Foreword: I write this on Sunday morning (Day Four), drinking my second cup of chicory coffee on the front porch wearing the white terrycloth bathrobe I always wear here and lstening to the sounds of birdcall and distant traffic.
1) We were the Early Bird Special Kids, leaving promptly at 5 PM with a 20% off coupon for ye Y’Chyrley’s (which is not far from the house, the principal criterion). A rich, and therefore Very Bad But Tasty Dinner: spinach artichoke dip, chicken and pasta with whiskey cream sauce, and French silk pie. Is there anything better than French silk pie?
2) Having both had naps, we set to work almost as soon as we got back home. First assignment: packing up my things for the mover to review on Monday. I confess I always have anxiety about this - can anything ever be packed safely enough? - and like Hepzibah Pyncheon and her teacups in The House of the Seven Gables, we submerged things in bubble wrap that, should they break, would break my heart, too. That Mexican tin shrine, for instance.
2a) And the Thorson Clock, which my great-grandfather Otto purchased (if I recall aright) not too long after he arrived in America. Gramma gave this to our family in the late 1970s, and I remember how exciting it was to have a clock that actually chimed on the hour! It no longer works, alas . . . Laura directed me to fill the inside gently with bubble wrap to stabilize the pendulum.
3) I must say, I am full of admiration for my sister’s ability to deal with packing stuff. Dayum, she’s a pro!
4) All this took less time than we thought - not even a complete screening of The Wizard of Oz, in fact - and then it was on to the next, bigger assignment: going through all the papers and other items that we heaped on Daddy’s bed back in February. This took us until midnight (though we each took time out at different points for a bath). About two thirds was from Gramma and Uncle Bill’s house, and the remaining third was Mother’s. Laura took apart photo albums to retain the photos of people we knew. “Who’s this?” she would ask, and more often than not my answer would be “I don’t know, Laura.” (These were mostly Minnesota relatives and friends of Uncle Bill, I suspect.) I ended up finding lots of correspondence, again, mostly from Minnesota relatives, including Mother’s cousin Laddy John, for whom she always expressed affection, and Laddy’s mother (or was it sister?) Jeannette, who was an especial friend of Gramma’s when they were young. In fact I found Jeannette’s condolence letter to Mother after Gramma died, which was so very sweet, and told stories about their growing up in Saint Paul. There was also quite a bit of college stuff to and from Mother.
4a) Things thrown away: Mother’s college French homework and other homework, and boatloads of Christmas cards from the 1970s and 1980s. Also a speech Mother gave to ye Cympfyre Gyrls about the importance of knowing about banking.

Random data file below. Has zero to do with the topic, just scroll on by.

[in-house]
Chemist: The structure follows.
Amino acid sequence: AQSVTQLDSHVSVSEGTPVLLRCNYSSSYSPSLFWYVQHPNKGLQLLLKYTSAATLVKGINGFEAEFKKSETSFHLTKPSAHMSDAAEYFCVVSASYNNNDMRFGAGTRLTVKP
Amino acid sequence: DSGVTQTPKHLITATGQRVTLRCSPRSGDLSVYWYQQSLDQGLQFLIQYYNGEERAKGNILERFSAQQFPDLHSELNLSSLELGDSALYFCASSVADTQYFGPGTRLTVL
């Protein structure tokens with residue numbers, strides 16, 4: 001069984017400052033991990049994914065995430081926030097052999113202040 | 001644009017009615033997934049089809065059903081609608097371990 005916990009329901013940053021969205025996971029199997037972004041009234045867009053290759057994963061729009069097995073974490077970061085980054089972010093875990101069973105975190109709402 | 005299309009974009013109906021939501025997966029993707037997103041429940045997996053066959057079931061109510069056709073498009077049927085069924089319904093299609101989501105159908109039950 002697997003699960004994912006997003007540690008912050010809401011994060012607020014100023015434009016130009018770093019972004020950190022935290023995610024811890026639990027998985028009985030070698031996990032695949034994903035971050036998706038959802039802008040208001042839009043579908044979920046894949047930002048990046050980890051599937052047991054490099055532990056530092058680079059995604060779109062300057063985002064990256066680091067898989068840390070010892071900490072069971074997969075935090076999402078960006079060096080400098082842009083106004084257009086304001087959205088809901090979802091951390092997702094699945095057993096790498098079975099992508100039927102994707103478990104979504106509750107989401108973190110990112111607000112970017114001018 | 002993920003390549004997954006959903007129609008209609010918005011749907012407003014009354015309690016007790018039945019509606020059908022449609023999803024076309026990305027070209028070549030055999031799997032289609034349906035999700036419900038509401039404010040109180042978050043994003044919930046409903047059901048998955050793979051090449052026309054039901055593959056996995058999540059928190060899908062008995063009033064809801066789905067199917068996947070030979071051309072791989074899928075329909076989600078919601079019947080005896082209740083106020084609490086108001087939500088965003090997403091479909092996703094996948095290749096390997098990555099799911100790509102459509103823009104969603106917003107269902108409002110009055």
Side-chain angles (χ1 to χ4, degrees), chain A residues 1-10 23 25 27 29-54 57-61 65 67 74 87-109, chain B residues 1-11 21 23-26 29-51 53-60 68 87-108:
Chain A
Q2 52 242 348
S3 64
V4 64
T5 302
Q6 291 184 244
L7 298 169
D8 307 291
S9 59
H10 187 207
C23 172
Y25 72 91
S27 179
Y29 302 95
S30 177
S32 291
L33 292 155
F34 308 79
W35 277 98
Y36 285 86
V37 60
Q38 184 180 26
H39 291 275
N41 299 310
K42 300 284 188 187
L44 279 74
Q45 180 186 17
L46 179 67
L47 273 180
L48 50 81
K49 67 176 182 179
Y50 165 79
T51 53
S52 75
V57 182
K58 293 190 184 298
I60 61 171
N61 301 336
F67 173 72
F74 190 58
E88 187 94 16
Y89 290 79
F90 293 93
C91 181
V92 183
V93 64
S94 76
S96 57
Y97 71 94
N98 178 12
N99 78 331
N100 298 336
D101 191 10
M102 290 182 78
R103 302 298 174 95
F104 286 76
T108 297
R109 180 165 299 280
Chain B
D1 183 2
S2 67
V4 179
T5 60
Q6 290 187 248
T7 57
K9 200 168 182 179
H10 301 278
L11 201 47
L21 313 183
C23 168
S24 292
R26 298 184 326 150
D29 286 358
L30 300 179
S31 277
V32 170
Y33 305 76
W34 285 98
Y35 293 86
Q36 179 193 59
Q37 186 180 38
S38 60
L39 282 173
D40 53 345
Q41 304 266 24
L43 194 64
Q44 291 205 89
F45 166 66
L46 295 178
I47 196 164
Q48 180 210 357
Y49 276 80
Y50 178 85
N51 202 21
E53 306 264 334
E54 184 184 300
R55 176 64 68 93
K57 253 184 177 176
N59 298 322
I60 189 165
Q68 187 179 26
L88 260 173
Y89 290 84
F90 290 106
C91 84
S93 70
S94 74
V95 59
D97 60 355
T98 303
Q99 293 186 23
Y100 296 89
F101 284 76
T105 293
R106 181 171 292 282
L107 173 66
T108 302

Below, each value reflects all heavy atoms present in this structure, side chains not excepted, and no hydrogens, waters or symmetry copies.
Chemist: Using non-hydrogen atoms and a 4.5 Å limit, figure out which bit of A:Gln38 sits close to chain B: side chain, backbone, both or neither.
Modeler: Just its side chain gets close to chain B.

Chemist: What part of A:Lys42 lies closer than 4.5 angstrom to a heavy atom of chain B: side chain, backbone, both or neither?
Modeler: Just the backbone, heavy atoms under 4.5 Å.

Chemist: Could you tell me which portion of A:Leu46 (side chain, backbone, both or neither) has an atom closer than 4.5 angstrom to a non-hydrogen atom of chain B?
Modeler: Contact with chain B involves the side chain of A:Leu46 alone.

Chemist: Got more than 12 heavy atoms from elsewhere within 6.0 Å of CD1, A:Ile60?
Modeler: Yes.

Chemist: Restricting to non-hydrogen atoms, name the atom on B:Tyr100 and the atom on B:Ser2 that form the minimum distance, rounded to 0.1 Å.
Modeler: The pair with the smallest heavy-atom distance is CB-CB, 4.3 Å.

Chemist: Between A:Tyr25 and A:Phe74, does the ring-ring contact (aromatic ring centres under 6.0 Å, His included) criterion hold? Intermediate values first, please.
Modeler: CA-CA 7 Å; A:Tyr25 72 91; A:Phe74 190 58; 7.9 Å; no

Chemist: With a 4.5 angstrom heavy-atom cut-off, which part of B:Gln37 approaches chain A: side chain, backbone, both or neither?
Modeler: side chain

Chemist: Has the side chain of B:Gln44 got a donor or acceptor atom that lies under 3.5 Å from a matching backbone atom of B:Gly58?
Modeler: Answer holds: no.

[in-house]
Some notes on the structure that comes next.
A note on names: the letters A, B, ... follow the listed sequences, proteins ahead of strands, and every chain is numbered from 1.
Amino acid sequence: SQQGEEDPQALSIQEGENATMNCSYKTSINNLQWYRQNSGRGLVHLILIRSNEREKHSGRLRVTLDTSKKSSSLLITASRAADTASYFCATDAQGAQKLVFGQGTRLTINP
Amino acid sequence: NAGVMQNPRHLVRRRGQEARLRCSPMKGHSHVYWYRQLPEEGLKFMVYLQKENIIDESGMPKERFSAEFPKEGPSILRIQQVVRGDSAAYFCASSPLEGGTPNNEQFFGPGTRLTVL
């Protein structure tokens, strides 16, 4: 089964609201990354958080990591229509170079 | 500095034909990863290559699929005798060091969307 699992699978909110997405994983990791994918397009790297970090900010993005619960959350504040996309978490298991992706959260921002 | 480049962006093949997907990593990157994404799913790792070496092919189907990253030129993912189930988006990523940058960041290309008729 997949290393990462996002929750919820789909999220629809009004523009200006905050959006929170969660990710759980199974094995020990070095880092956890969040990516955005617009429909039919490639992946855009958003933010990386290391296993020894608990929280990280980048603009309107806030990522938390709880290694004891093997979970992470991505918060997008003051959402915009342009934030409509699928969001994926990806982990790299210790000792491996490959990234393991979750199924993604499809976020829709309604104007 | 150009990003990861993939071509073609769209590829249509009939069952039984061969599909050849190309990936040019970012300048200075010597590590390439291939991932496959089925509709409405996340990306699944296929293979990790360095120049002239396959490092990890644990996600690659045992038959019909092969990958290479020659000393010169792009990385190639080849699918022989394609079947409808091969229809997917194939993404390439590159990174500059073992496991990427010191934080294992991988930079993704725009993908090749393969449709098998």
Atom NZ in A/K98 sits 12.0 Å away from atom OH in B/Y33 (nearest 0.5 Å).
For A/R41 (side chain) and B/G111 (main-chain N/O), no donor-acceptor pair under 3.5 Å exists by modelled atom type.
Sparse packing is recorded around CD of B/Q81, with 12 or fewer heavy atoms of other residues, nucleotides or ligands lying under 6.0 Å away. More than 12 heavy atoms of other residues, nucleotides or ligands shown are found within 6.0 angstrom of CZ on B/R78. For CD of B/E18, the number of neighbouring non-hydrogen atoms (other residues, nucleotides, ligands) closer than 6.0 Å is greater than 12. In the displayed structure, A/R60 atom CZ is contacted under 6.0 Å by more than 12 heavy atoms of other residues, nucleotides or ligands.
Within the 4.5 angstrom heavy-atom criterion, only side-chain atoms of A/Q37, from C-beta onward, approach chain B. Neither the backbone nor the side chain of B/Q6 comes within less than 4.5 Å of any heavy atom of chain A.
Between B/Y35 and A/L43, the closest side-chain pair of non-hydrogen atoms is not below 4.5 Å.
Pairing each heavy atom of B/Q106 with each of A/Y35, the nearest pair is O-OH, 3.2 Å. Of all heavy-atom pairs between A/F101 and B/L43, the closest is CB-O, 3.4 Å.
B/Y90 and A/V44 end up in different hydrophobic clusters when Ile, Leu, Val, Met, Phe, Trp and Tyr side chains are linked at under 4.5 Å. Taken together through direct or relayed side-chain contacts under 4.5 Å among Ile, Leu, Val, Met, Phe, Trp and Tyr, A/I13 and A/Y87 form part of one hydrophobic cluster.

5) To be honest, this was weary work punctuated with moments of insight and nostalgia. And when I came to the next box of manila folders browning to mahogany I said “Oh Laura, I just want to throw the whole thing away.” And then the very first folder I opened proved me wrong! Among other things it contained brief stories from our childhoods that Mother had written and dated, thank goodness. Seven-year-old me cleaning up some spilled cocoa powder by blowing it all away, for instance. Dialogue in the supermarket (in 1971) about what 1990 would be like after an episode of Captain Kangaroo in which they’d pretended it was 1990 to fool Bunny. Needless to say, I didn’t remember these incidents . . . and I was ready to toss out the entire box! You see, people?! It really is necessary to check everything!
6) It turned out to be Judy Garland Night at Bayouwood Court, as just after The Wizard of Oz, and me being too tired to think about a movie to have in the background, Laura chose the 1954 A Star Is Born for our A/V wallpaper.
7) Mother had retained all kinds of grade school paperwork, and all the horrifying decorating magazines of the early 1970s from when they added the den to our house on Orchid Street. Toss! There was also a pamphlet called something like What’s New With Marijuana? which certainly surprised me, ‘cause my parents were not that way. Keep!
7a) And again, why on earth did Mother cart all this from Orchid Street to that rental house to Bayouwood Court? Just didn’t think about it? Force of habit?
8) About this time I retreated to the bath, where I read the news on my phone, while Laura kept at it. When I emerged, she gave me another flat box, and retreated to the bath herself. I brought it to the kitchen table, and discovered it was full of genealogy info from Mother’s side of the family (particularly correspondence from a distant cousin she discovered in the 1990s but never met), sheaves of vacation information from Minnesota (toss!), one dead, flaking cockroach (faugh!), and . . . lots of loose photographs from when Gramma was a girl. Treasures!
9) At midnight we’d both had enough. And I tell you, I slept without waking for over five hours - and I needed it!